Punjab and Haryana High Court: While deciding upon the challenge to the appointment of 21 Parliamentary Secretaries by the Government of Punjab, the Division Bench of S.S. Saron and Ramendra Jain, JJ., quashed the appointments made by the State Government observing that the appointments had been made in contravention to the provisions of Article 164(1A) of the Constitution and therefore invalid.
The present petitions filed by two public spirited advocates, drew the attention of the Court towards the disputed appointments via the Punjab Parliamentary Secretaries and Chief Parliamentary Secretaries (Terms and Conditions of Appointment) Rules, 2006. The petitioners contended that the total strength of the Ministers including the CM, should not exceed the limit of 15% of the total numbers of MLAs of a State, as mandated by the Constitution (Ninety-first Amendment) Act, 2003. The petitioners contended that these Parliamentary Secretaries have become de-facto ministers and a burden over the State exchequer. On the contrary, the respondents contended that the post of Parliamentary Secretary is not a constitutional post; therefore an appointee to the same cannot be termed as a Minister and they are but mere a channel to connect the Administrative Secretary of the State Govt. and the Minister.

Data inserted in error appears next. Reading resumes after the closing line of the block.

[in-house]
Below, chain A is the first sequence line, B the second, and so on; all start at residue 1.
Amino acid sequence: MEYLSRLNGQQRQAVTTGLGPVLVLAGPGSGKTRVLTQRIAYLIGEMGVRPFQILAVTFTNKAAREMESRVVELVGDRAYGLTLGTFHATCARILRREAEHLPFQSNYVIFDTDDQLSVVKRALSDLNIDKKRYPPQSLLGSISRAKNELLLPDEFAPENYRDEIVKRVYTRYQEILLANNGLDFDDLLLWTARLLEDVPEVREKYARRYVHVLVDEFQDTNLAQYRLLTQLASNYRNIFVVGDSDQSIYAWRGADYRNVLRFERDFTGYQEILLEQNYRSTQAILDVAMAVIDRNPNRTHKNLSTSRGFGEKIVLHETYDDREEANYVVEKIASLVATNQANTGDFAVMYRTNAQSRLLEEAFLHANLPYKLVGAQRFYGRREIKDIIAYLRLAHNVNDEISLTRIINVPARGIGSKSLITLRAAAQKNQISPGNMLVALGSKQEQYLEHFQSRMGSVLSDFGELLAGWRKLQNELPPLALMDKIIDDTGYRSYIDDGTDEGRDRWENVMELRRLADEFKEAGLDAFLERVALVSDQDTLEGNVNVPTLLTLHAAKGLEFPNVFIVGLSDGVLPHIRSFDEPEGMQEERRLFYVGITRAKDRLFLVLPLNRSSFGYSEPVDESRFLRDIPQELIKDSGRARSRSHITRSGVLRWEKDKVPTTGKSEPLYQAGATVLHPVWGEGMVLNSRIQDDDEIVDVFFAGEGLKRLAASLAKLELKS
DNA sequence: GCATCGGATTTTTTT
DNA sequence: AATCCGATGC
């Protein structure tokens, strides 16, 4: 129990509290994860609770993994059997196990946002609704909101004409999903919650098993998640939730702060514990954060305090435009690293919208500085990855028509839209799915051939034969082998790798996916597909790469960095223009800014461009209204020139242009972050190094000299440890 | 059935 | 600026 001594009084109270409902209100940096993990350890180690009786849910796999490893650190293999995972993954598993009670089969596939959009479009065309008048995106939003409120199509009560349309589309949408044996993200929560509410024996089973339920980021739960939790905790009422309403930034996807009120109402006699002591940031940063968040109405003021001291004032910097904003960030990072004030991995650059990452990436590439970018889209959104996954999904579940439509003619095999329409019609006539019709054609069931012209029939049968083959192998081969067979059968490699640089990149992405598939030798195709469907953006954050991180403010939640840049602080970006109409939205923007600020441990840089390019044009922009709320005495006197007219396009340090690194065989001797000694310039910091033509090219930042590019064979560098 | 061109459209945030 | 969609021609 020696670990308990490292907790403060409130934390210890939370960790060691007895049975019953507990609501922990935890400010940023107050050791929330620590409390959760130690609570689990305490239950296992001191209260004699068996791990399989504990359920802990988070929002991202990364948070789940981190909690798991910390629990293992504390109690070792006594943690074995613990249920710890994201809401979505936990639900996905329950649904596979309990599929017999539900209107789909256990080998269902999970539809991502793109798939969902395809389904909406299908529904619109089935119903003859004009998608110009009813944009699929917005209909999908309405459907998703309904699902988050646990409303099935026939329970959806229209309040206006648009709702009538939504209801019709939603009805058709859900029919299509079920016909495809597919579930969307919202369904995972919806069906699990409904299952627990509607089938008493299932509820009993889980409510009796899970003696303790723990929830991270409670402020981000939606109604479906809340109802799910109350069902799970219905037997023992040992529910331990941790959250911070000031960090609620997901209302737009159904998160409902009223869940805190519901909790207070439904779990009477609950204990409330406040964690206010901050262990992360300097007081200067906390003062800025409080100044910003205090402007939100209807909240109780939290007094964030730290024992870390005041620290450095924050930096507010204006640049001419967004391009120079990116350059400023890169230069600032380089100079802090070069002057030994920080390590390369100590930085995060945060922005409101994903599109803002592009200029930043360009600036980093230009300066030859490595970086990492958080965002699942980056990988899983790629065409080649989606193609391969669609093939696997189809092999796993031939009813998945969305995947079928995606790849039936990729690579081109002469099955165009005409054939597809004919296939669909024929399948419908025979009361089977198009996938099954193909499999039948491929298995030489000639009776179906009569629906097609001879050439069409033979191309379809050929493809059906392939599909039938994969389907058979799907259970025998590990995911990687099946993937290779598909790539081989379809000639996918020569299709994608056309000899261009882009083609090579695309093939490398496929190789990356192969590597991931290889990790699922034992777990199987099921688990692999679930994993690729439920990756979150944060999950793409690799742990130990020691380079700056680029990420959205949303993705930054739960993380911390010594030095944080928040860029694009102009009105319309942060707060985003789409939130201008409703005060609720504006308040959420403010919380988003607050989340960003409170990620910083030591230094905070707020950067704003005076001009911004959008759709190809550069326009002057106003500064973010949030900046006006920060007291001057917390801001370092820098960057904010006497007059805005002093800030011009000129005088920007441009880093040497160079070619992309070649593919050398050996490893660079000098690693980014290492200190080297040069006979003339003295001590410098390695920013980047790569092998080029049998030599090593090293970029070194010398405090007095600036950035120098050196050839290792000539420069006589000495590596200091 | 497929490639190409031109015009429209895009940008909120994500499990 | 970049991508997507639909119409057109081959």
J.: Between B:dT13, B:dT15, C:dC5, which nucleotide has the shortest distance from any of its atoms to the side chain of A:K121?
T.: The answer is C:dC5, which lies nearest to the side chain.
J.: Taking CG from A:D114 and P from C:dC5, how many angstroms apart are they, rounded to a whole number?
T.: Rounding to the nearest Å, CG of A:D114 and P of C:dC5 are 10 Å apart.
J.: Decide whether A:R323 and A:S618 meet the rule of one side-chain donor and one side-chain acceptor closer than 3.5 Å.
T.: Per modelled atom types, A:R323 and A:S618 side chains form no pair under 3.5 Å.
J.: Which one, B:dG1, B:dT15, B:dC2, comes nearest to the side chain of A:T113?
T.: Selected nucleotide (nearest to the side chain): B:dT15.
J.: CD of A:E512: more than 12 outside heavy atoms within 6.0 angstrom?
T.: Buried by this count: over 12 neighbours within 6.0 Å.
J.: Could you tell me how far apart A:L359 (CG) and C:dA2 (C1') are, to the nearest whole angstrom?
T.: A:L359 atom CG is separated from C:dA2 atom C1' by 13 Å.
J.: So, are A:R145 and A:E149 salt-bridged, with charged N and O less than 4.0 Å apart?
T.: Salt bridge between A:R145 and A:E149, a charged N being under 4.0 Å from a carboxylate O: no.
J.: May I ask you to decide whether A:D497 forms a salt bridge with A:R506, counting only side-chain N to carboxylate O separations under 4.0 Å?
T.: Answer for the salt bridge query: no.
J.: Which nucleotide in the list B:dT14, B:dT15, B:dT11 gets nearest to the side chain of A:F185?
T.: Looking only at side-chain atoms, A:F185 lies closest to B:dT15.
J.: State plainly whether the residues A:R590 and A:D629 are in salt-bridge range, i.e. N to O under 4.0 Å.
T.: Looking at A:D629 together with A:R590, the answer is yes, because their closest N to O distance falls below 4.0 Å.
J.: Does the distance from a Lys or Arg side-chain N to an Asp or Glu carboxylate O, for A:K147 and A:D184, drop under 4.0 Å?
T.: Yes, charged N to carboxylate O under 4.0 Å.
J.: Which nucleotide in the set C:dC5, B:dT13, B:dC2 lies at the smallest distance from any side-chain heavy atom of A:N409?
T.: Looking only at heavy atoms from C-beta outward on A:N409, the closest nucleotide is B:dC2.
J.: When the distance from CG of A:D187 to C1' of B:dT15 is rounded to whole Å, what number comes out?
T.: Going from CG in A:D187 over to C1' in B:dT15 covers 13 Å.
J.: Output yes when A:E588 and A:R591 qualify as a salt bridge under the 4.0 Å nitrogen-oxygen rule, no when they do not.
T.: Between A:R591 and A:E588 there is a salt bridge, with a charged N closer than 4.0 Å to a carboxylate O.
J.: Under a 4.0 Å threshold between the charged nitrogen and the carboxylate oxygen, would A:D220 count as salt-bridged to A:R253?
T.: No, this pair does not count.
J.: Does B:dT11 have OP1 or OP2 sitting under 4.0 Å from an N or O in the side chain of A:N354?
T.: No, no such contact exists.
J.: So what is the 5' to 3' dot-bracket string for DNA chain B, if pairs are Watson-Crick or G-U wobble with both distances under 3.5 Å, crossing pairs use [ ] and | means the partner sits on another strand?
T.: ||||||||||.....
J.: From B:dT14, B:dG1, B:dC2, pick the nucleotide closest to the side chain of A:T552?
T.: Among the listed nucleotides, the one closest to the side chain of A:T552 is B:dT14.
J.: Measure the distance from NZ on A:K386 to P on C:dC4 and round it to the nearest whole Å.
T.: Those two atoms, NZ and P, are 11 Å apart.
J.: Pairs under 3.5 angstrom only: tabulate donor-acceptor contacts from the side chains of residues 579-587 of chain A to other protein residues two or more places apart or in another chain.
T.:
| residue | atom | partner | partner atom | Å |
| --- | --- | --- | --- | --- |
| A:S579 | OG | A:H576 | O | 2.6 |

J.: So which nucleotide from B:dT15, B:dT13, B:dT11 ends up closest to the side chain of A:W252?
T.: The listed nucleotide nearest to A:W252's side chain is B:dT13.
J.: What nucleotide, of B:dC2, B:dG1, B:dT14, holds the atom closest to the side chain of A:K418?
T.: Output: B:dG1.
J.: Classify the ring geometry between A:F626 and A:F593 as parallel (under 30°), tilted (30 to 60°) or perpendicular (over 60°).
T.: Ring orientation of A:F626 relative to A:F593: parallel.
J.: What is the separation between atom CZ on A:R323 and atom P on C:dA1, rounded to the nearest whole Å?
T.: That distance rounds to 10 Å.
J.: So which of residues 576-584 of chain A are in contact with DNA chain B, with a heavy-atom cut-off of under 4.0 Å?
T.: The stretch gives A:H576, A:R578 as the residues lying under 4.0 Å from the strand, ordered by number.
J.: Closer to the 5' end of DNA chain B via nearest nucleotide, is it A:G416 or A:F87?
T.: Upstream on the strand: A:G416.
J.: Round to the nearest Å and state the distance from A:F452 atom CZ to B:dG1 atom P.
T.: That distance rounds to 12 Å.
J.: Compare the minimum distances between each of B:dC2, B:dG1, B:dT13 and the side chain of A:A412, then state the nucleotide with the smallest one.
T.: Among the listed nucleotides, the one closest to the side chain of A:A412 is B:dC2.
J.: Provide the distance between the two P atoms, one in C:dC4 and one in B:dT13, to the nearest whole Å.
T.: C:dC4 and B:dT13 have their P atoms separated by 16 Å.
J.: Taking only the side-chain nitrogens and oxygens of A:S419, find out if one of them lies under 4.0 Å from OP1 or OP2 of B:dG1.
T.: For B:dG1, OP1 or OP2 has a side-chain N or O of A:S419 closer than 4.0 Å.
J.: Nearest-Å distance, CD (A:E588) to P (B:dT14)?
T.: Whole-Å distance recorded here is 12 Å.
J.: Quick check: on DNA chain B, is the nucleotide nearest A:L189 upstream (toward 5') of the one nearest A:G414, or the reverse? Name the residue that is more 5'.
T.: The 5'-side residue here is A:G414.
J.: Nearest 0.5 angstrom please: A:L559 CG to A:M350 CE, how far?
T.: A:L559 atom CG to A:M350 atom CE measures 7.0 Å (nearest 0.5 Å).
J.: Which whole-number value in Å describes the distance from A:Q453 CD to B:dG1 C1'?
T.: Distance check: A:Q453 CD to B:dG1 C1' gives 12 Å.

Perusing the rival contentions, the Court observed that the 91st Constitutional Amendment, 2003 was brought in to impose a ceiling on the number of Ministers in a House. The Court also observed that the validity of the appointments will have to be interpreted in the light of the Constitutional Amendment and in a way which does not negate the effect of the Amendment. The Court therefore stated that by appointing the Parliamentary Secretaries, the Govt. tried to ‘achieve indirectly what it could not achieve directly’ as their functions, perks and facilities were like that of any Minister, in other words, they were appointed as Junior Ministers. The Court further stated that the Governor of the State or the legislature has no competence or legislative sanction to frame rules regulating the conditions of appointment and services of Parliamentary Secretaries for their functioning within the House of the State Assembly. Such posts are not part of regular services of the State under the executive. The Court further pointed out that the appointments of Parliamentary Secretaries are contrary to the Constitutional intent of limiting the number of Ministers or the size of the Cabinet, in other words the State Govt. has sought to bypass the Constitutional mandate of the provisions of Article 164 (1A) of the Constitution. [Jagmohan Singh Bhatti v. Union of India, 2016 SCC OnLine P&H 638, decided on 12.08.2016]